Secondly, Britain and England is a European countries. It has little imminence to learning Chinese. It should increase its exposure and thus respect for other European language, for example, the Celtic language(s) that were spoken and retrieved in Scotland, Wales and Ireland. Inter-regional and inter-euro-national respect is much more important.

    Thirdly, the Chinese born in Britain and came to Britain are mostly Hongkongese. They speak Cantonese, a language mutually unintelligible with Putonghua and Mandarin, but most of them have some proficiency in written Chinese (Mandarin) in traditional characters. They learn Putonghua not as easily as you may have thought. In another words, they may not be suitable for teaching Chinese.

    Fourthly, you should think about what kind of Chinese should your students be fluent in. Putonghua in speech with written vernacular Chinese (Mandarin) in simplified characters or Cantonese in speech and written Chinese in traditional characters or any combinations of the options. To converse in daily lives vulgarly or to write properly and elegantly. For commerce only or for poetic or art appreciation.

    Fifthly, China is not a country to learn culture from for it has degraded in to a amoral nation. Should you learn the best and the essence of our cultural grandeur learn form the texts. The one in China has totally lost. It is totally unacceptable for children in Britain to feel alike or look up to or assimilate with China.

  5. PS: i mean learn form the poems and basic characters enough for daily use or for fun will be fine. Students in Britain can choose to learn Chinese speech and writing as an option to give a glimpse in to Chinese culture, but all of this should not be done compulsorily at an young age.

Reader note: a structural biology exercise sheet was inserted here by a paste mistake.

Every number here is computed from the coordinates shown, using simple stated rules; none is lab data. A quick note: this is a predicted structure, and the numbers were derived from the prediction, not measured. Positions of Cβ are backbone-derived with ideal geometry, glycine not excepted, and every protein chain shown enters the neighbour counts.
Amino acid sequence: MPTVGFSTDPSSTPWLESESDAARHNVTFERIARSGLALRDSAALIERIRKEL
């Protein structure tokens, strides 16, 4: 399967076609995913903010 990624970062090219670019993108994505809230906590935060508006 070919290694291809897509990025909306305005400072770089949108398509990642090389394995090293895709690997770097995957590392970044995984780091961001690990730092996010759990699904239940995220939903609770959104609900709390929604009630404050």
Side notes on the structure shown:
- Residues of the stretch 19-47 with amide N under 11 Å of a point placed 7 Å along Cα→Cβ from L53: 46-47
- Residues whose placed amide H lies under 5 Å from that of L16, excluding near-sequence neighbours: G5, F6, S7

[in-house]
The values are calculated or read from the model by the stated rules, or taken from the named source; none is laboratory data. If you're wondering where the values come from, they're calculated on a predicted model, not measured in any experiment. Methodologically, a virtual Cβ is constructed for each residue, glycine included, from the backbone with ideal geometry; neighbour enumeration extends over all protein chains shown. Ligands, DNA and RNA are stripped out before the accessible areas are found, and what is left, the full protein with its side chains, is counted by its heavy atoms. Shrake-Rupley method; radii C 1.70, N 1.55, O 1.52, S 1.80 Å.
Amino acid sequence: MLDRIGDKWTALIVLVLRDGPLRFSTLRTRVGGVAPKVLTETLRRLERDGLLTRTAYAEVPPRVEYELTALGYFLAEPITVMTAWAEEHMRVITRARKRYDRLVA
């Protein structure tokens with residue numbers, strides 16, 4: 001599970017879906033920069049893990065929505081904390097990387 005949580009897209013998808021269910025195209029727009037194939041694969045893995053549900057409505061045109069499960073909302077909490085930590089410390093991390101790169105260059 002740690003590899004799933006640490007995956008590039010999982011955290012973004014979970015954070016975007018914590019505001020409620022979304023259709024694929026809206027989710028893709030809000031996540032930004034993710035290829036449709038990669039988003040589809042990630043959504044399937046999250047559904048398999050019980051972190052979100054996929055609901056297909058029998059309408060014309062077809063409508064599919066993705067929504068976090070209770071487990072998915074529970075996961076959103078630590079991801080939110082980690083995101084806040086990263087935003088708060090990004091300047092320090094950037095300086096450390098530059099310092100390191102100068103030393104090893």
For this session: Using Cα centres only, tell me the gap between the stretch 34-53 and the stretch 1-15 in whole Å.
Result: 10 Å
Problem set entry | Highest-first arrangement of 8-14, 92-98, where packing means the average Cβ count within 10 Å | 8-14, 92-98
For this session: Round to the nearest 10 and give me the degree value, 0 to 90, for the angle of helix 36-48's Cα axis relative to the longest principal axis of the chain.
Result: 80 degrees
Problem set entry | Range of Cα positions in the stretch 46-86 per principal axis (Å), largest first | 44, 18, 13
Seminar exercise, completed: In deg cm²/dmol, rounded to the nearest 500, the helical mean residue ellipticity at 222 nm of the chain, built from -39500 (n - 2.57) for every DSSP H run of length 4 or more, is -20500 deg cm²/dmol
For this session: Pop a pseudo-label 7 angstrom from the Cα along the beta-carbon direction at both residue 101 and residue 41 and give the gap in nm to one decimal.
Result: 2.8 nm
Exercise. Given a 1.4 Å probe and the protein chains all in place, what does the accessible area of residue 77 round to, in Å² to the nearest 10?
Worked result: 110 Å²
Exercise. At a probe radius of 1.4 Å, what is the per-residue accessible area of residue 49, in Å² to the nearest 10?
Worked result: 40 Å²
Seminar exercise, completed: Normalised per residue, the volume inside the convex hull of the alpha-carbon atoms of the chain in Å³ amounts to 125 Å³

1. I dont think you understand real chinese culture which is more than 3 thousand years. And sorry I HAVE TO say your vision is too limited.

    2. Studies of Chinese languages or writing in the perspectives of philography, linguistics or writing system will be good enough. British students should be monolingual only in Standard English and their rural dialects. I don’t think it is good to have students fluent in speaking Chinese at an early age.

  6. My daughter, who is British, has a degree in Mandarin and spent seven years living in China. She now teaches Mandarin in a private school. However, all this talk of jobs relating to China have never materialised for her. The only jobs that are ever advertised for Mandarin are low level call centre jobs aimed at native speakers and very low paid. SO can someone tell me where all these high powered jobs will be becasue so far we have found none to be available

  7. Foreign language – it’s a difficult thing, especially if it’s Chinese. But some people have some magic skills for learning languages (unfortunately I’m not one of them). The 100 Chinese language teachers in UK should be really gifted… or they are Chinese people who can speak English.

    1. I agree with you. Any foreign language is difficult to learn, but Chinese…I can’t understand how it’s even possible. I have tried it for a month and understood that it’s not for me. So I really respect these people who succeeded in this.